PART ONE: THE RUNNERS-UP
Carnival of Souls (1961)
Herk Harvey, a director of industrial documentaries and educational shorts (anybody here seen Pork: The Meal With a Squeal? What about What About School Spirit?) turned his hand to narrative films with this eerie cult favorite about a professional organist (Candace Hilligoss) who survives a terrible car accident and is thereafter pursued by a man only she can see. The filmmaking and acting are often rough and amateurish, particularly at the start, but when the heroine takes a new job in Utah the movie develops an undeniable, spooky power that builds to a nightmarish twist ending that has been echoed by everyone from M. Night Shyamalan on down. Much of the film’s weird power is grounded in its unique soundtrack — all organ music — and the scenes shot in a derelict amusement park along Great Salt Lake (in real life the old Saltaire pavilion) that obsesses the heroine and provides the setting for a most disturbing climax. A real original, and a textbook example of how to transcend limitations of budget and technical expertise.
The Howling (1981)
When he was still better known as a novelist than an independent filmmaker, John Sayles raised moviemaking cash by batting out a series of cleverly written scripts for B-movie king Roger Corman. Thus, while art-house patrons went to see Return of the Secaucus Seven, the twin-cinemas down the street (this was the pre-multiplex era, remember) were showing Sayles-scripted items like Piranha, Alligator and Battle Beyond the Stars — each, in its own way, an above average genre film loaded with movie buff in-jokes. The Howling is by far the best of the bunch, adapted from a no-account horror novel about a traumatized TV anchorwoman (Dee Wallace Stone) whose trip to a New Age resort brings her face to fang with a colony of werewolves. The idea of an encounter group for lycanthropes may not be as funny nowadays as it was in the immediate aftermath of the Seventies, but the film gave director Joe Dante the best showcase for his weird junk-culture sensibility. It also gave Rob Bottin and Rick Baker a first run at the splattery transformation effects they would go on to use in The Thing and An American Werewolf in London. The film is a treasure trove of movie geek references — Sayles and Dante even twitted Corman’s parsimonious ways by giving him a cameo as a man checking a coin slot for spare change — but it also delivers the scares when needed.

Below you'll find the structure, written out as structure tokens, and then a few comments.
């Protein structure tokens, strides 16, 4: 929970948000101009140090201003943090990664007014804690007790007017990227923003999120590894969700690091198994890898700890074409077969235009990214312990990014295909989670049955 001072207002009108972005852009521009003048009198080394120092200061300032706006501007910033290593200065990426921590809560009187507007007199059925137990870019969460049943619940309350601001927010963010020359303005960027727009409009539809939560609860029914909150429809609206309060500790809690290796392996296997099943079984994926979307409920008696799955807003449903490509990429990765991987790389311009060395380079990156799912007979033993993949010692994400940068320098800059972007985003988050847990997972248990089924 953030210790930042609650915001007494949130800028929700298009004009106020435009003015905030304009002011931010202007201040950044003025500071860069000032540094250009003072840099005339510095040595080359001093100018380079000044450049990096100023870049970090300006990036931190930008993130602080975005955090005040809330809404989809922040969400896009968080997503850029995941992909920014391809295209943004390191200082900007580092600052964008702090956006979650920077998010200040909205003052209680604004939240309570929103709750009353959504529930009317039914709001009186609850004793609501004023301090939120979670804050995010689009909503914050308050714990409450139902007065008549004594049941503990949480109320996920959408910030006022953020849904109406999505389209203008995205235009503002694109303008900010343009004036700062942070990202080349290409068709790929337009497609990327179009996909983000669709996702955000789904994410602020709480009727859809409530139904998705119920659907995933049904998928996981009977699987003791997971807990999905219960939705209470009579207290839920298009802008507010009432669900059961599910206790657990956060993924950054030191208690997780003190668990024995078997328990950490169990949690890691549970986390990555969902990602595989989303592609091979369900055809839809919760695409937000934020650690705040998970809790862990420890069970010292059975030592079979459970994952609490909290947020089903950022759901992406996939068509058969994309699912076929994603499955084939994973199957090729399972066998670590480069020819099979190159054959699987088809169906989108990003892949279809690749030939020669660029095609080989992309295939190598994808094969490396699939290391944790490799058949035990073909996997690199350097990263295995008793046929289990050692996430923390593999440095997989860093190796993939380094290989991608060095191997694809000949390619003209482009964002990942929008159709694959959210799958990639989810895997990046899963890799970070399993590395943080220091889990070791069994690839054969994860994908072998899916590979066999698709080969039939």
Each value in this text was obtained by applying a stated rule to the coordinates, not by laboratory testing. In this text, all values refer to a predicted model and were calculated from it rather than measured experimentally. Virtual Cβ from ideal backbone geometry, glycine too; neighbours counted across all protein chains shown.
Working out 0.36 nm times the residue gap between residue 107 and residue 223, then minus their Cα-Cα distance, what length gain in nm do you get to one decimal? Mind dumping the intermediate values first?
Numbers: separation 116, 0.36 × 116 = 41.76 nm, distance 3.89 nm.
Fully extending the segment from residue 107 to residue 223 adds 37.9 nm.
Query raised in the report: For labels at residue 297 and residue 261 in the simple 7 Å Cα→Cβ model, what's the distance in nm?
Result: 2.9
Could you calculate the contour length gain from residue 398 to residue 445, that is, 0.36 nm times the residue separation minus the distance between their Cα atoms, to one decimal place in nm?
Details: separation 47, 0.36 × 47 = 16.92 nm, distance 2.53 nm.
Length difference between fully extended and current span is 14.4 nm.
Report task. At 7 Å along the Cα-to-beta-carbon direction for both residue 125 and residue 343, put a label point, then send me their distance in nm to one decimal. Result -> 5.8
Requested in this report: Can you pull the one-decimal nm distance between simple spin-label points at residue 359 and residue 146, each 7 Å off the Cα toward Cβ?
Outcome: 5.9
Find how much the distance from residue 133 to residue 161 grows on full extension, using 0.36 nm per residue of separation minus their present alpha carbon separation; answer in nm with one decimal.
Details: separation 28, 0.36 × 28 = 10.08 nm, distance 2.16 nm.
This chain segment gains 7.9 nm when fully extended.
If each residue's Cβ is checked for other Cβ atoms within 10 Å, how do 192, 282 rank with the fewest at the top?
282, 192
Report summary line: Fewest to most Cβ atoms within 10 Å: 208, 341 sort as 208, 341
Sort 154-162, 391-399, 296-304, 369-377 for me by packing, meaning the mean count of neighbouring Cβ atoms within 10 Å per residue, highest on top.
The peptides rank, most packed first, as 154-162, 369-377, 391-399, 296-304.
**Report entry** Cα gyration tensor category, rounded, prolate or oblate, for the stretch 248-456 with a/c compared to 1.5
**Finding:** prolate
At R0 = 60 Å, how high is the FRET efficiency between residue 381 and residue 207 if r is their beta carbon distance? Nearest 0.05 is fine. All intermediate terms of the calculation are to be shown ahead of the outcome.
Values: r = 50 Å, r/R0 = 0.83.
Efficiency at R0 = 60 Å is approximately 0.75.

The highly praised horror writer Clive Barker established himself as the Luis Bunuel of the grindhouse circuit with this tale of a gory love triangle involving Larry, a wimpy husband; Claire, a desperate housewife; and Frank, a former bad-boy studmuffin who is slowly reconstituting himself as a human being, one blood-drained victim at a time. The idea of a woman recreating her lover from blood and memories is as poetically gruesome as anything imagined by Franju (Barker has clearly spent some quality time with Eyes Without a Face) but the film earns its place in the splatter hall of fame as the debut of the Cenobites, a demonic foursome with rather advanced ideas about what constitutes a good time — “No tears, please, it’s a waste of good suffering” is not a line you’ll find in The Joy of Sex. The numerous sequels, which Barker did not direct, are of no interest, though Barker himself has produced and directed other worthwhile movies (Candyman, Lord of Illusions).
An American Werewolf in London (1981)
The fact that it runs out of gas before the big climax keeps this John Landis item — his last good film, really — from making the Top 10, but the first hour is loaded with enough genuine scares, original plot twists and inventive black humor to keep it at the top of the also-rans. David Naughton, previously a pitchman for Dr. Pepper, plays a strapping Yank who loses his best friend and a few quarts of blood during a nighttime attack on the moors of England. We all know what comes next, but Landis gets us there with considerable style and an inspired subplot based on the idea (probably concocted, but I’m not a student of Larry Talbot lore) that a werewolf’s victims must wander in limbo until their murderer dies. Landis clearly had no idea of how to end the story, so he covers his tracks with a Blues Brothers style demolition derby. Too bad, Landis — you coulda been a contender.